DEQ Reply: EPA should provide us with brochures if they have them as all water systems do not have access to the Internet to obtain information on the Sole Source Aquifer Program. These could be added to the assessment package that goes into the water systems.

We will add the following to the program document:

The EPA Sole Source Aquifer program has been identified as an element of protection in the Source Water Assessment Program. For areas that have been designated as sole source aquifers the local water supply system is benefited by EPA review of projects with Federal financial assistance and the modification or denial of those projects which might contaminate the aquifer. This added level of protection provides a direct benefit for water systems which rely on ground water, but can also provide additional protection for systems relying on surface water because surface water flows are sustained by base flow from ground water during much of the year. Public water supply systems located within designated sole source aquifer areas may receive priority consideration for assessment and protection activities. Local water suppliers and the public who live within designated areas will be made aware of the benefits of this program and know that they may notify EPA of projects with pending federal financial assistance

(Federal loans, loan guarantees, grants, etc) if those projects have a potential for contaminating the aquifer. This information is being made available to the public water supply systems through their completed assessments and is available to the public through the Consumer Confidence Reporting mechanism. Maps and other information on the sole source aquifer program in Region 6 are available on the Internet at http://www.epa.gov/earth1r6/6wq/swp/ssa. The EPA Region 6 contact for the Sole Source Aquifer program is:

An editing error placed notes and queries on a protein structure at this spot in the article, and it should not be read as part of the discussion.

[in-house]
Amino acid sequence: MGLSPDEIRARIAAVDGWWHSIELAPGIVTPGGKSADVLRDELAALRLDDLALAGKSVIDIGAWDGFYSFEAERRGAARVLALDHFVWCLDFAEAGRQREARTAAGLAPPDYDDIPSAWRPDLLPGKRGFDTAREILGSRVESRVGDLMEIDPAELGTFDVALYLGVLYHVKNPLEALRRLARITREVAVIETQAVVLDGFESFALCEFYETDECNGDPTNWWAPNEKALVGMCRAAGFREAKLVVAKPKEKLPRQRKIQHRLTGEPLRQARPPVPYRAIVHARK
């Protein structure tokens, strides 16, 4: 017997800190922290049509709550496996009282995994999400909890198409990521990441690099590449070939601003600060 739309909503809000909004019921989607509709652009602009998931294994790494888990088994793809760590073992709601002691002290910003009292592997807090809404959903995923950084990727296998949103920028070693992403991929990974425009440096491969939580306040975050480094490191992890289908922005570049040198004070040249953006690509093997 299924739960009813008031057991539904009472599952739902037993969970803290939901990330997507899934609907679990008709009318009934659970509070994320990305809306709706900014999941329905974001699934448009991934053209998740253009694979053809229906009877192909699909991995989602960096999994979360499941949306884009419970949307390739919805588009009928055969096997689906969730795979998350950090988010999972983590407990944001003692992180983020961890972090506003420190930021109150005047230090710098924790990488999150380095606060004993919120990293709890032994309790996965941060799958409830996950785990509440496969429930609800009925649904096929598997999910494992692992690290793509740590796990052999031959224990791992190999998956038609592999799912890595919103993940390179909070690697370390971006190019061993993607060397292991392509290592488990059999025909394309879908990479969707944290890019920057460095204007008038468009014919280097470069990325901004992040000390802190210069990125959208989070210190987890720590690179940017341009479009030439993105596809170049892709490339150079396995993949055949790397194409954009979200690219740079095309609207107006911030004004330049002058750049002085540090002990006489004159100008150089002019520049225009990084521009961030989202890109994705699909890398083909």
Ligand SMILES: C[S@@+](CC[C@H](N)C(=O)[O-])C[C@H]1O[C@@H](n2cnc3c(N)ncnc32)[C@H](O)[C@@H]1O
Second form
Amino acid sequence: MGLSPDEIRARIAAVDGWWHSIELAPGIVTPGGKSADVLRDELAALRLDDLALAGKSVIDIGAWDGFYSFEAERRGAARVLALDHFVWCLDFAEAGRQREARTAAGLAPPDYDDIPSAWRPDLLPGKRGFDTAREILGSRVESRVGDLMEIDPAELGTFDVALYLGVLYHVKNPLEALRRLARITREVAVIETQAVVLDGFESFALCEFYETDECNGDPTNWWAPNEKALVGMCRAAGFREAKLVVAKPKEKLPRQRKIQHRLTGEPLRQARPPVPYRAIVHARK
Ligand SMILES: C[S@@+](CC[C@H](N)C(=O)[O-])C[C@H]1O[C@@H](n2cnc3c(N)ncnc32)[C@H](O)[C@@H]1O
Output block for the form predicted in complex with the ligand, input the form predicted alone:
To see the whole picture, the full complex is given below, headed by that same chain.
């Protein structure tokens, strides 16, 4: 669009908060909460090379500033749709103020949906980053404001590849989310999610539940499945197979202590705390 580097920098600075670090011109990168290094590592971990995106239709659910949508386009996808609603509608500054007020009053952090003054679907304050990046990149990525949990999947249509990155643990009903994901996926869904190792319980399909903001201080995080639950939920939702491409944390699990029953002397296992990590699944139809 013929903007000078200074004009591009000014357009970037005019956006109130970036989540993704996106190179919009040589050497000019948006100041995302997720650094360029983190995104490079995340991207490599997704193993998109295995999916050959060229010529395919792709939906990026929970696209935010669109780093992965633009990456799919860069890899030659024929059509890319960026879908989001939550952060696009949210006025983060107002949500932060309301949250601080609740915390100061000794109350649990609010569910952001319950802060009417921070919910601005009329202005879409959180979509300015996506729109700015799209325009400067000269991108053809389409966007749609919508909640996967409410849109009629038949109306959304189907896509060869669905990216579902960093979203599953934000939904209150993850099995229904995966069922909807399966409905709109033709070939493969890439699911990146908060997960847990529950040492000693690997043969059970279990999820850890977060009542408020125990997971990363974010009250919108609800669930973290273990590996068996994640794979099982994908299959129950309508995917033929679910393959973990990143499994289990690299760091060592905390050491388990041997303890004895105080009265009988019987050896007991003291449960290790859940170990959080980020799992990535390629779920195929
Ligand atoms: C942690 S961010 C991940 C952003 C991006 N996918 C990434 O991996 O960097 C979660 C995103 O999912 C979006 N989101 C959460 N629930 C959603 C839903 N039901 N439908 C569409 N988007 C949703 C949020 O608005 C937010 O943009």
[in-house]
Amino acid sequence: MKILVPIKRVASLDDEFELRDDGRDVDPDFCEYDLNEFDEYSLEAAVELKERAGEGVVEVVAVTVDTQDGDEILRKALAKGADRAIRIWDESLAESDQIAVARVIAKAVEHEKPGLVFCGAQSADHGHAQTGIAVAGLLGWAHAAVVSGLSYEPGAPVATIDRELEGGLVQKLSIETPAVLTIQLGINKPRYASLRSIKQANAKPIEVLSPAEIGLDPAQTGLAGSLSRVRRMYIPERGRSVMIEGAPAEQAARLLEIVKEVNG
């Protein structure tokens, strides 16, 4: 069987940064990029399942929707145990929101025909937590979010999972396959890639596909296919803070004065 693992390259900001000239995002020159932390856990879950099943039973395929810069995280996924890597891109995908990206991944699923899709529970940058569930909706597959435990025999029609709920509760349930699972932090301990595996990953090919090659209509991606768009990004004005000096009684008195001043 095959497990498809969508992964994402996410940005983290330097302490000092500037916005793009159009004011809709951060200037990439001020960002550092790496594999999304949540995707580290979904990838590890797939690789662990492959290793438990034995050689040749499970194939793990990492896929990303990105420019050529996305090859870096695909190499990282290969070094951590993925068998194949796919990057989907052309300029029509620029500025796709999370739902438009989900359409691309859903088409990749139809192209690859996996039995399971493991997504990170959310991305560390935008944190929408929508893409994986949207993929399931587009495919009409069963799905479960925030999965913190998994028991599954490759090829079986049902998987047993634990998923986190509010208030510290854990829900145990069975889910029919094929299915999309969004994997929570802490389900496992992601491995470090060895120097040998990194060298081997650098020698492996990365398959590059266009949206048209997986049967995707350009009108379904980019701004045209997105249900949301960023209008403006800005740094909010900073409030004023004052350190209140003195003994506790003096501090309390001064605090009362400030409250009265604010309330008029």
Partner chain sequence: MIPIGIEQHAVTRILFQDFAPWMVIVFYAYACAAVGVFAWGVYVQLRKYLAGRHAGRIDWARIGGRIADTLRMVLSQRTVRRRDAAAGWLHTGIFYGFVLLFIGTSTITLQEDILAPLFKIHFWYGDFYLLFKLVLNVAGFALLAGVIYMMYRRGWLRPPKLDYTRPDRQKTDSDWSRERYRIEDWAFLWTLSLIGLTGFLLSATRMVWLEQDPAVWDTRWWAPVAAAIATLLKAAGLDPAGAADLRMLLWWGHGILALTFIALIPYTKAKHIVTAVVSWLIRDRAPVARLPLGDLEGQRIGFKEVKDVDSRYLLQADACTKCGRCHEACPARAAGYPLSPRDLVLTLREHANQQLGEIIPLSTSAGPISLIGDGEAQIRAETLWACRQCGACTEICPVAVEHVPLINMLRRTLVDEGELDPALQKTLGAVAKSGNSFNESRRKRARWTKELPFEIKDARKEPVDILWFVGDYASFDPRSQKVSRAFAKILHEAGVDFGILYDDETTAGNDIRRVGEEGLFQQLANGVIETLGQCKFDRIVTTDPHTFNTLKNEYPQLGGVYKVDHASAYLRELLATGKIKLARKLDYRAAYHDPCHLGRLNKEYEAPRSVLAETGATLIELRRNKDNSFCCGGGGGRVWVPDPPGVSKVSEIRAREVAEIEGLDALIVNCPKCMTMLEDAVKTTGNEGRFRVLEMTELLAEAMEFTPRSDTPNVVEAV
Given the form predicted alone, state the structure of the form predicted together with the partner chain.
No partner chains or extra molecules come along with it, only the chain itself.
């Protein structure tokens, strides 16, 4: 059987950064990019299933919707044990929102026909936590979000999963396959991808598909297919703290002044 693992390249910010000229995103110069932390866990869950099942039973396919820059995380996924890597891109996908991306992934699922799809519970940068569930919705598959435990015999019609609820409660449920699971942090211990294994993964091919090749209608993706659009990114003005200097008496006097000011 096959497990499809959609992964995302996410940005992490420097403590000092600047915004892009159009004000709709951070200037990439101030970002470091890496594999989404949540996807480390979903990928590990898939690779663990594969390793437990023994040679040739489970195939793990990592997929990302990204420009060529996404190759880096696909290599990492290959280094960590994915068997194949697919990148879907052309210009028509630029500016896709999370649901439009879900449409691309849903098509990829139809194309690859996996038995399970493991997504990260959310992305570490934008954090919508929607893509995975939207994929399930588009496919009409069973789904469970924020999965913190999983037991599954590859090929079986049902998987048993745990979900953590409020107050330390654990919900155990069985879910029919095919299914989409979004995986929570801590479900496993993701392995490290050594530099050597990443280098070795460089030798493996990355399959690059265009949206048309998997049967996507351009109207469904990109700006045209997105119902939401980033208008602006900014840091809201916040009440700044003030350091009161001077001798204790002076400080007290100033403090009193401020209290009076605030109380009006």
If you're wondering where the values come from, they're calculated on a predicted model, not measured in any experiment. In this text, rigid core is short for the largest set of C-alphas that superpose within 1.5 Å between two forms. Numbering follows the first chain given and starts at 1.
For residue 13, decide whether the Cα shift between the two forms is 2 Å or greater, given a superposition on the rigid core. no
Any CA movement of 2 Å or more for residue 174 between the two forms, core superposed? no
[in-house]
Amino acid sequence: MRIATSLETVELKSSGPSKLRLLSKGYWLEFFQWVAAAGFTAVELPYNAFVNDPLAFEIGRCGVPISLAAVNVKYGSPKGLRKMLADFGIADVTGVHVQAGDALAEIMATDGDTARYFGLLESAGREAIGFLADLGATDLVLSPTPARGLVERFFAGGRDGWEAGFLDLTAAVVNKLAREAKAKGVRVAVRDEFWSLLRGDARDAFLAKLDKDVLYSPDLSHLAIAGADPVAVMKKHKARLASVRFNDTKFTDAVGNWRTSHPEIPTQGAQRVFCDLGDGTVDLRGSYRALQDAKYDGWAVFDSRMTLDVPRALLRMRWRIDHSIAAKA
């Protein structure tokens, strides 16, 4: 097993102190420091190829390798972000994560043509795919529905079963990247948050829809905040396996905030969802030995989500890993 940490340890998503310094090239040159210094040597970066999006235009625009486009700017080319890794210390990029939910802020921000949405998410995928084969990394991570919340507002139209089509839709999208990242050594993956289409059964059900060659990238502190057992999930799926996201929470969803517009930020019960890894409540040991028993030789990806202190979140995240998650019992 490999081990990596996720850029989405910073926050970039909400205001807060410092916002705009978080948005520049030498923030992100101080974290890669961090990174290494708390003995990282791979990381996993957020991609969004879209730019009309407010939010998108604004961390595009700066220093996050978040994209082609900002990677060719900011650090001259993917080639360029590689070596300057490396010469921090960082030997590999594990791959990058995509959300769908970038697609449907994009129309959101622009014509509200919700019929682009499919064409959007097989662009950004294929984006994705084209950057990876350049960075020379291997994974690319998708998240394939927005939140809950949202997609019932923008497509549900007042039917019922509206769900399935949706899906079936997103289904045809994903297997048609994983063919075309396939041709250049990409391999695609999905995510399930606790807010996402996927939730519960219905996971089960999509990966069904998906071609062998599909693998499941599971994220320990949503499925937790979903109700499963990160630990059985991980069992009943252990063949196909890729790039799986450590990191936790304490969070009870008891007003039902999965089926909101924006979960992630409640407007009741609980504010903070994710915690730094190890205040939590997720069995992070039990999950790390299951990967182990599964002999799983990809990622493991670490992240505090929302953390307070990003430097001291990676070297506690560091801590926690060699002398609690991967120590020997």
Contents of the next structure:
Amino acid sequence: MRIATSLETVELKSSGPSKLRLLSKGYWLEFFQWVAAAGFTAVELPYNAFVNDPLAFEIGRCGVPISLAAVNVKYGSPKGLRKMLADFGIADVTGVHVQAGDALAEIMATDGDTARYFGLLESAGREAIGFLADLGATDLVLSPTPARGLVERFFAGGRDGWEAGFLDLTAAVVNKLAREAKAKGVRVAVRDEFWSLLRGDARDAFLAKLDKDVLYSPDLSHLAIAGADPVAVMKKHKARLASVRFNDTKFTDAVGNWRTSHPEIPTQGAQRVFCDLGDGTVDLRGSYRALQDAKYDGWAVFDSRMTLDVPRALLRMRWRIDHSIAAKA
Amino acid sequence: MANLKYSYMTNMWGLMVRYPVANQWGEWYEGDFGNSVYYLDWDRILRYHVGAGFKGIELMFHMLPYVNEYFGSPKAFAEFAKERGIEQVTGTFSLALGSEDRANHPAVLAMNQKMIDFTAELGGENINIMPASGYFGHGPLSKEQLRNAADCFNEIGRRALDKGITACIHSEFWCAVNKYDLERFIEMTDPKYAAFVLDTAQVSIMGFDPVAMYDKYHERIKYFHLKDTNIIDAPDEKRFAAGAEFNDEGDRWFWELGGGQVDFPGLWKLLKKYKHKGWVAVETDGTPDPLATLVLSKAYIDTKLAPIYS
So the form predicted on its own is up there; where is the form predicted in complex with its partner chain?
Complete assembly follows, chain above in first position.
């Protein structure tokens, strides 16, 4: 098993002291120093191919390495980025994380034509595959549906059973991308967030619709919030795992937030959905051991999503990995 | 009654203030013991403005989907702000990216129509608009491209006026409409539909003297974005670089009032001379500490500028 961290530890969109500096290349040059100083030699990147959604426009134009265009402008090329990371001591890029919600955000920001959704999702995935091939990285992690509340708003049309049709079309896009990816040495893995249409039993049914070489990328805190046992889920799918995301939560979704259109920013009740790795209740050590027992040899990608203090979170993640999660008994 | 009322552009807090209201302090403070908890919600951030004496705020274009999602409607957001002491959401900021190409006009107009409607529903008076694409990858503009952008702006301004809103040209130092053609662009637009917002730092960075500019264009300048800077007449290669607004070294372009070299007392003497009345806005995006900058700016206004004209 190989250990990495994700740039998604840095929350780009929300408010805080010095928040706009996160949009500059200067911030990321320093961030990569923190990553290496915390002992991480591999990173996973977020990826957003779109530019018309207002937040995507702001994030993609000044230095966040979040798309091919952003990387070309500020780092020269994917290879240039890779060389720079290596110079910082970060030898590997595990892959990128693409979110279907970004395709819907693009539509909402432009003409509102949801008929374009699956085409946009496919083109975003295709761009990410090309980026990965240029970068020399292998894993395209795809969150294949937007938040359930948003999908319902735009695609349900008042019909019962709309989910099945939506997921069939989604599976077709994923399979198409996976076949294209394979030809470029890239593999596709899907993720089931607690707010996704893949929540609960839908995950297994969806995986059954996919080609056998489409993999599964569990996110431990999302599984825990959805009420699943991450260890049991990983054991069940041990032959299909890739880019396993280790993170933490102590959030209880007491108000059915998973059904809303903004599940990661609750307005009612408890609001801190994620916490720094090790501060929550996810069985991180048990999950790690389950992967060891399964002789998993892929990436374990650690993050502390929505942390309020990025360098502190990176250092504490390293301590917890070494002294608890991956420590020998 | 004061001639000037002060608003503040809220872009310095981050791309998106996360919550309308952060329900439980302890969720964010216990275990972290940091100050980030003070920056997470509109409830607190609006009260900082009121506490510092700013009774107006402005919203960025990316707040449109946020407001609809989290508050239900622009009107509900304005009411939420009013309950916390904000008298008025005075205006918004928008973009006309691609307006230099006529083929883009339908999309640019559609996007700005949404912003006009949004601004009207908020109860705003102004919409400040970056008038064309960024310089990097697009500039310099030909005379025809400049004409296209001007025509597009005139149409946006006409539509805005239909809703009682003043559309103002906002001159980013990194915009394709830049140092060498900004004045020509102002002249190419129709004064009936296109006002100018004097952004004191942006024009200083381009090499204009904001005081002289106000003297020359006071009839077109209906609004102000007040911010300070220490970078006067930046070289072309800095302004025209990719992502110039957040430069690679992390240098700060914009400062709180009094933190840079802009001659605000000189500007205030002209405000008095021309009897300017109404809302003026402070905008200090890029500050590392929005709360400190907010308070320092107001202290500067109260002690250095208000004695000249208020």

Clay Chesney
Sole Source Aquifer Program Coordinator
Ground Water/UIC Section (6WQ-SG)
EPA Region 6
1445 Ross Avenue
Dallas, TX 75202
Tel. (214) 665-7128 FAX: (214) 665-2191
E-mail: chesney.claybourne@epamail.epa.gov

The State will obtain an electronic Geographic Information System database containing all of the designated Sole Source Aquifers within its state boundaries by contacting the EPA program contact person. If a Public Water Supply system is located within a designated Sole Source Aquifer area, that information will be reported to that system in its completed assessment.

EPA: Appendix S - Assessment forms for both ground water and surface water systems - Section A, Background: check the spelling for the word "assess" in the first sentence.

DEQ Reply: Correction done.

EPA: Appendix S - Assessment form for ground water systems - Section D, Determination of Water Well Sensitivity: Delete the word "of" from the opening sentence.

DEQ Reply: Correction done.